So, I hereby put forward theological functionalism as a promising way of analyzing at least some attributions of God to avoid inconsistency in a realist conception of the God of the Jews.
To conclude, I have suggested three ways to be a theological realist supporting a Being-person duality in God while avoiding logical inconsistently and retaining a concept of God sufficiently robust for the fullness of the religious life. Before ending, I must mention briefly one more approach that strove mightily to accommodate both the personal God and Kepnes’s God of Being, and that is the explicit Hasidic teaching of there being the Infinite in Itself and the Infinite Light that proceeds from the Infinite Itself. The Infinite in Itself corresponds to the impersonal, absolute being of Kepnes. The character of personhood takes place in the realm of the Infinite Light that emanates from the Infinite Itself. Contradiction is avoided by having the elements of the Being-person duality in different locations. Neither the Infinite Itself nor the Infinite Light should be called “God” in this scheme. Rather, the two together may be called “The Godhead” or “The Infinite” as a term encompassing both the Infinite Itself and the Infinite Light. But that is a long story best for another time. Thank you to Steven Kepnes for his most stimulating essay.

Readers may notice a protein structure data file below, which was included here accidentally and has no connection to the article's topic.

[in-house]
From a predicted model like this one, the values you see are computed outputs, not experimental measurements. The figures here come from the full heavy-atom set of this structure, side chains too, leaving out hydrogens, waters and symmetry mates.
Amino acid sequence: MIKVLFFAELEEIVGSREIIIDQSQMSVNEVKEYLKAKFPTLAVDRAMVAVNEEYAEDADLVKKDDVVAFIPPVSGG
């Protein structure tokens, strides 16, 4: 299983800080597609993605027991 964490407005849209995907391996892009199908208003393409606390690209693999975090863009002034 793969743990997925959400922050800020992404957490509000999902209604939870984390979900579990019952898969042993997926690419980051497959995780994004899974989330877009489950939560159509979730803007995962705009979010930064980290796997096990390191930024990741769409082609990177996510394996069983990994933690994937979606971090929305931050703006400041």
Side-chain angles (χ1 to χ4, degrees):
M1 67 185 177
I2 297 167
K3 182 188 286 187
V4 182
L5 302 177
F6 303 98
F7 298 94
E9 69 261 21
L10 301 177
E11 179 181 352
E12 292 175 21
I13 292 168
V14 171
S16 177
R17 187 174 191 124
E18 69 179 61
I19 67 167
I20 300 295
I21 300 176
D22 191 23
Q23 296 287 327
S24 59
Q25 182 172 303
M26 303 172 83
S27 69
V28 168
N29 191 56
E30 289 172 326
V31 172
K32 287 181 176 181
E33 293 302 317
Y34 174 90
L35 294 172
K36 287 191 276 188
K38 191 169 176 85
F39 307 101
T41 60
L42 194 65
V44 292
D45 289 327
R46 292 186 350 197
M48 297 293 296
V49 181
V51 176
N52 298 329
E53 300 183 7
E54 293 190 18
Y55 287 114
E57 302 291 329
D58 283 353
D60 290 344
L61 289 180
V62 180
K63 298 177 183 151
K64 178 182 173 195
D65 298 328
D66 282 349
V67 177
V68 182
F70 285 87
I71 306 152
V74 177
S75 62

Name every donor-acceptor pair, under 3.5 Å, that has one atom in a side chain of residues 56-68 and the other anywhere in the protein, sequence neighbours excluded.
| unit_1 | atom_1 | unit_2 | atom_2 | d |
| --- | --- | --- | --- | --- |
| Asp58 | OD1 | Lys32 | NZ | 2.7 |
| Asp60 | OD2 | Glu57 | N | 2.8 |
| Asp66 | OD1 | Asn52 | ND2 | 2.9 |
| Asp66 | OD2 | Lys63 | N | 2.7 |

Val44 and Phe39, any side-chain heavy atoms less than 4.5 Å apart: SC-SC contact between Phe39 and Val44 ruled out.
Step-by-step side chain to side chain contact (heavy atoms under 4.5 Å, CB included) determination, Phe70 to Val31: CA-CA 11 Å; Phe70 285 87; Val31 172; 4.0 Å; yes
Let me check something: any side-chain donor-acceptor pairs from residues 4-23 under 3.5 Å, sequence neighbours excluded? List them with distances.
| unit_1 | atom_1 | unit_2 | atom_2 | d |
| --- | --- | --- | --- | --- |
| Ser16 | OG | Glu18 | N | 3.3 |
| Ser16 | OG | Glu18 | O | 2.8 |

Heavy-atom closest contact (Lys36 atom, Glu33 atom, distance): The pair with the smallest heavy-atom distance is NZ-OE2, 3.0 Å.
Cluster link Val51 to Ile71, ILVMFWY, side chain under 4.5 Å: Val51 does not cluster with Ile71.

See Jerome Yehuda Gellman, This Was from God, A Contemporary Theology of Torah and History (Boston: Academic Studies Press, 2016), 16-21 Jerome Yehuda Gellman, Perfect Goodness and the God of the Jews, a Contemporary Jewish Theology (Boston: Academic Studies Press, 2019), chapter 1.
For a good review of theological fictionalism see Michael Scott and Finlay Malcom, “Religious Fictionalism,” Philosophy Compass 13 (2018): 1-11.
For a thorough critique of some of the main arguments for theological non-realism in a mostly Christian setting, see Peter Byrne, God and Realism (Aldereshot, UK: Ashgate Publishing Limited, 2003).
Jerome I. Gellman, The Fear, The Trembling, and The Fire, Kierkegaard and Hasidic Masters on the Binding of Isaac (Lanham, MD: University Press of America, 1994), chapter 4.
For the leap of faith and believing a contradiction in Kierkegaard, see Jerome Gellman, “Constancy of Faith? Symmetry and Asymmetry in the Kierkegaardian Leap of Faith,” in The Authenticity of Faith in Kierkegaard’s Philosophy, ed. Tamar Aylat-Yaguri and Jon Stewart (Newcastle: Cambridge Scholars Publishing, 2013), 49-60.